The modern chip is like an Army Ant - performing functions greater than its size suggests. Hot chips do a few extra functions.
|PAMELA ANDERSON isn't the only one into silicone enhancements - scads of motorists are finding that a little undercover augmentation can dramatically alter their 'performance'. There are, however, some major differences - no waiting list, no inconvenience, no social downers. And the surgery is virtually painless - physically and on the hip pocket nerve.
Performance chips are plastic surgery for automobiles - without the side effects.
Proven in action, they have achieved total social acceptance (provided the supplier is reputable). Heck, even new car dealers slyly recommend them to customers (or even fit them)!
Good chips are effective, bullet proof
and undetectable. In many cases, they can be self-installed. Some are even switchable.
For those who need to know, a Chip is a small silicon microchip which controls the car's computer (or brain). This small computer, which now has the power of a late-model desktop PC, utilities its computing power to control everything from gearshift points to servicing - but particularly to manage the electronic fuel injection system.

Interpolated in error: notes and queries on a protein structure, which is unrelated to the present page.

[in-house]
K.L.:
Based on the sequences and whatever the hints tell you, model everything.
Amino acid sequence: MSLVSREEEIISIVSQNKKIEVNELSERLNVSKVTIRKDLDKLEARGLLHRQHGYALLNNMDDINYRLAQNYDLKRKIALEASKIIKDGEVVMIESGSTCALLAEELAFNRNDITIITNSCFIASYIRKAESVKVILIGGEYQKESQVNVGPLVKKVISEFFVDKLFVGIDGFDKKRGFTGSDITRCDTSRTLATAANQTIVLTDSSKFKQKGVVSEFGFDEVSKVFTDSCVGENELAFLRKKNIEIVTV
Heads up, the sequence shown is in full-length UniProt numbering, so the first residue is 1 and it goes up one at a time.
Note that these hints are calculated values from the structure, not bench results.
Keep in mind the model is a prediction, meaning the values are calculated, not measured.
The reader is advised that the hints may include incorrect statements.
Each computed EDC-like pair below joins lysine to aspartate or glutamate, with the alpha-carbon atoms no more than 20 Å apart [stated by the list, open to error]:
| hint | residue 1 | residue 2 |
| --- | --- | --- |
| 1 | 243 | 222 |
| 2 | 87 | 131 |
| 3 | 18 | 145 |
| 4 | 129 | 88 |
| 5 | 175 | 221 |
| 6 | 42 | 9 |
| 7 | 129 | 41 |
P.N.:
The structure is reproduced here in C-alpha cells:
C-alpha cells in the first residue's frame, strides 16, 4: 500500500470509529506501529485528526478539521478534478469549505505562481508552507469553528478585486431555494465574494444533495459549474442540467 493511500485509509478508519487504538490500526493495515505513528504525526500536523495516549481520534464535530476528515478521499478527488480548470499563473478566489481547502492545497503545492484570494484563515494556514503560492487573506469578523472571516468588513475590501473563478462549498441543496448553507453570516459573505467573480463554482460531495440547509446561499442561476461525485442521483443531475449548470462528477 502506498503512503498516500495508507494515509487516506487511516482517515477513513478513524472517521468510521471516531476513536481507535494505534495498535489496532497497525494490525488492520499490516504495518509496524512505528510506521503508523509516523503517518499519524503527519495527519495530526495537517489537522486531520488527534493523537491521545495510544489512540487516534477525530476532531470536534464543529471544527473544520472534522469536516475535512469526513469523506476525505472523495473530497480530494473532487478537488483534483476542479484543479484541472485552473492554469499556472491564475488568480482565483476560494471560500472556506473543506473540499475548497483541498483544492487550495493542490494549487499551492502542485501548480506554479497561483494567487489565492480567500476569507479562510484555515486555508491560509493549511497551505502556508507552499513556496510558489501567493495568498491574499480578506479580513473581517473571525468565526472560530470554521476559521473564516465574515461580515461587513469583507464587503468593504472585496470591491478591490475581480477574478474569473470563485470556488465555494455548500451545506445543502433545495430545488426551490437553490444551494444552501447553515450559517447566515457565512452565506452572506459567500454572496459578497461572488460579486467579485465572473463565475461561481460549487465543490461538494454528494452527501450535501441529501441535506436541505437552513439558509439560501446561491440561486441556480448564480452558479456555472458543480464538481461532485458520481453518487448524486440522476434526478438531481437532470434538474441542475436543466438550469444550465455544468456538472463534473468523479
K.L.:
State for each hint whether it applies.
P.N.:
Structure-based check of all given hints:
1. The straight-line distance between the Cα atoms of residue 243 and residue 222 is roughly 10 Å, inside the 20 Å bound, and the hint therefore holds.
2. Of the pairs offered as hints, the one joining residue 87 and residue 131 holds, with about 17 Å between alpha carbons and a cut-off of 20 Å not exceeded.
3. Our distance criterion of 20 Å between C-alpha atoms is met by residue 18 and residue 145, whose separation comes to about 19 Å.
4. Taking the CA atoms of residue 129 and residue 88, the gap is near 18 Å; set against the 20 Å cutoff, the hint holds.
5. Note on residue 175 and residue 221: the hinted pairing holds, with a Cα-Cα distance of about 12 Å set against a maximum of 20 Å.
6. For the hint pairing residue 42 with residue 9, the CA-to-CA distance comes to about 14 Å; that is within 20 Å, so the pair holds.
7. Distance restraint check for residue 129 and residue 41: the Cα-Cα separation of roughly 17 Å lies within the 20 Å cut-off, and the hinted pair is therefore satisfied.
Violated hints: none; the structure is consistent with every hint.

The Chip contains a 'Map' or 'directory' which the computer uses to control a variety of engine functions. Mass production methods, government regulations and variations from country to country mean that the average standard 'Map' is very restricted. But
|white-coated tuning experts in their climate-controlled labs can change the 'Map' to make the perform better with little more than a few simple keystrokes on the computer keyboard.
Checked and tested on the road and dyno, the changes can be written into the replacement chip for instance, 'non-engineering improvement. While initial development may have been restricted to prestige and more expensive models, the speed with which costs have dropped in relation to the development of electronic componentry has been such that the 'technology leak down' to base model cars has become a downpour! The industry catchcry suggests the Chip is the 'Instant Fix' to all motoring woes - but the real trick is finding the right application.
Australian Road & Track